For years, Dr. Goff and colleagues have carried the banner for getting physicians to recognize that early stage ovarian cancer causes symptoms for months before diagnosis. For this they deserve accolades from gynecologists and primary care physicians, and appreciation from all the women we serve.
In this issue of Cancer, Goff et al report the results from a survey that was mailed to 3200 primary care physicians (gynecologists, family physicians, and internists).1 The respondents declared which tests they would order to evaluate patients who presented with various symptoms. The outcome measure was the proportion of physicians ordering the tests that would detect ovarian cancer: ultrasound, pelvic computed tomography (CT), and cancer antigen 125 (CA 125). The data essentially demonstrate that these physician groups have gotten the message: “Do not forget that early ovarian cancer causes symptoms.” This is a remarkable change in dogma. Before this knowledge, how many times had we explained to our patients with advanced ovarian cancer that we could not have made the diagnosis earlier; that the cancer already had metastasized by the time the patient had reported abdominal distension, bloating, and early satiety?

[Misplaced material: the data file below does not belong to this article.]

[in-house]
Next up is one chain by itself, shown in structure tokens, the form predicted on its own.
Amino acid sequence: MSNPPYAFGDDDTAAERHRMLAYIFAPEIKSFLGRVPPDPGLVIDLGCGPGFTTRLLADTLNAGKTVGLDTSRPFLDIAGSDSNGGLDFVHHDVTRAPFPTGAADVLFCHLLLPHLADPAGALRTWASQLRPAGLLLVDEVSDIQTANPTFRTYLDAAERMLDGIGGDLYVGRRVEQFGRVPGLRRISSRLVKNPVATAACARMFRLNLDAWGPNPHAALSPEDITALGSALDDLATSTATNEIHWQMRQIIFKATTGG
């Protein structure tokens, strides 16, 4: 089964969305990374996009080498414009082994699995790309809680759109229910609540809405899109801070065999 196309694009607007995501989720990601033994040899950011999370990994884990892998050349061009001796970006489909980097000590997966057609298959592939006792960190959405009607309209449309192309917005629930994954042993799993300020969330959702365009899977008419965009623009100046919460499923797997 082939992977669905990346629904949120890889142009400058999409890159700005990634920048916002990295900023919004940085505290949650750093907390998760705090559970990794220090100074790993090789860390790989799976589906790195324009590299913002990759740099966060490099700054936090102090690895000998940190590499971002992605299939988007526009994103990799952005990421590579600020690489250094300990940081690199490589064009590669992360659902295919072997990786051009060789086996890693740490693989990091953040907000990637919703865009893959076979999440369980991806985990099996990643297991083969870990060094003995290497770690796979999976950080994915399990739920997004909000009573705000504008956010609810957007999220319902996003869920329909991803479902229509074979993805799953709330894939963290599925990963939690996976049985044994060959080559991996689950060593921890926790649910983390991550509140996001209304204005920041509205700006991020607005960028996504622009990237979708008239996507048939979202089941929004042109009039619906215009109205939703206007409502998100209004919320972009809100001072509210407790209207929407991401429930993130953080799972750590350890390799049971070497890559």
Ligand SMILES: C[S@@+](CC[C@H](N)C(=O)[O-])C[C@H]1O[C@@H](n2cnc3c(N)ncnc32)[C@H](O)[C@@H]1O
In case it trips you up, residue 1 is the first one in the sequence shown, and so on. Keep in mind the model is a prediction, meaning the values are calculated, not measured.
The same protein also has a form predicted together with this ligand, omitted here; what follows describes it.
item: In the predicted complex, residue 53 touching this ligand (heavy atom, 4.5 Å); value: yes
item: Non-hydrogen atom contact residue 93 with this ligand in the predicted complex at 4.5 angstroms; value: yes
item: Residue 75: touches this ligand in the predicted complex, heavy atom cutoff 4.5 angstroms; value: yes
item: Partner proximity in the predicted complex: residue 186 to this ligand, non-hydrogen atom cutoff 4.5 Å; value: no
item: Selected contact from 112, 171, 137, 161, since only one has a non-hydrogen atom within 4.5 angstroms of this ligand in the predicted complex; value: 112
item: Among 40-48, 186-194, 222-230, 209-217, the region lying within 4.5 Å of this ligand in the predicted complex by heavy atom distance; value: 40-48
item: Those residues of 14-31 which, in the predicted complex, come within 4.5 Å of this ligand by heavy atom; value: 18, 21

Some remarkable data emerge from this study. Nearly 90% of physicians reported that they would recommend at least 1 of the appropriate diagnostic tests; 71% chose an ultrasound, which, in my opinion, is the test most likely to indicate the risk of malignancy. This high rate of appropriate clinical management reflects positively on the efforts of Dr. Goff and others who have published on the symptoms of early stage ovarian cancer. Developing an educational process to improve this outcome would be very difficult.
Another encouraging finding was that gynecologists were more likely than other primary care groups to order the appropriate tests. The authors adequately explain that this is because of the core education of gynecology, which includes ovarian malignancies. Nevertheless, the appropriate response rates for family physicians and internists still were outstanding: 88% for both.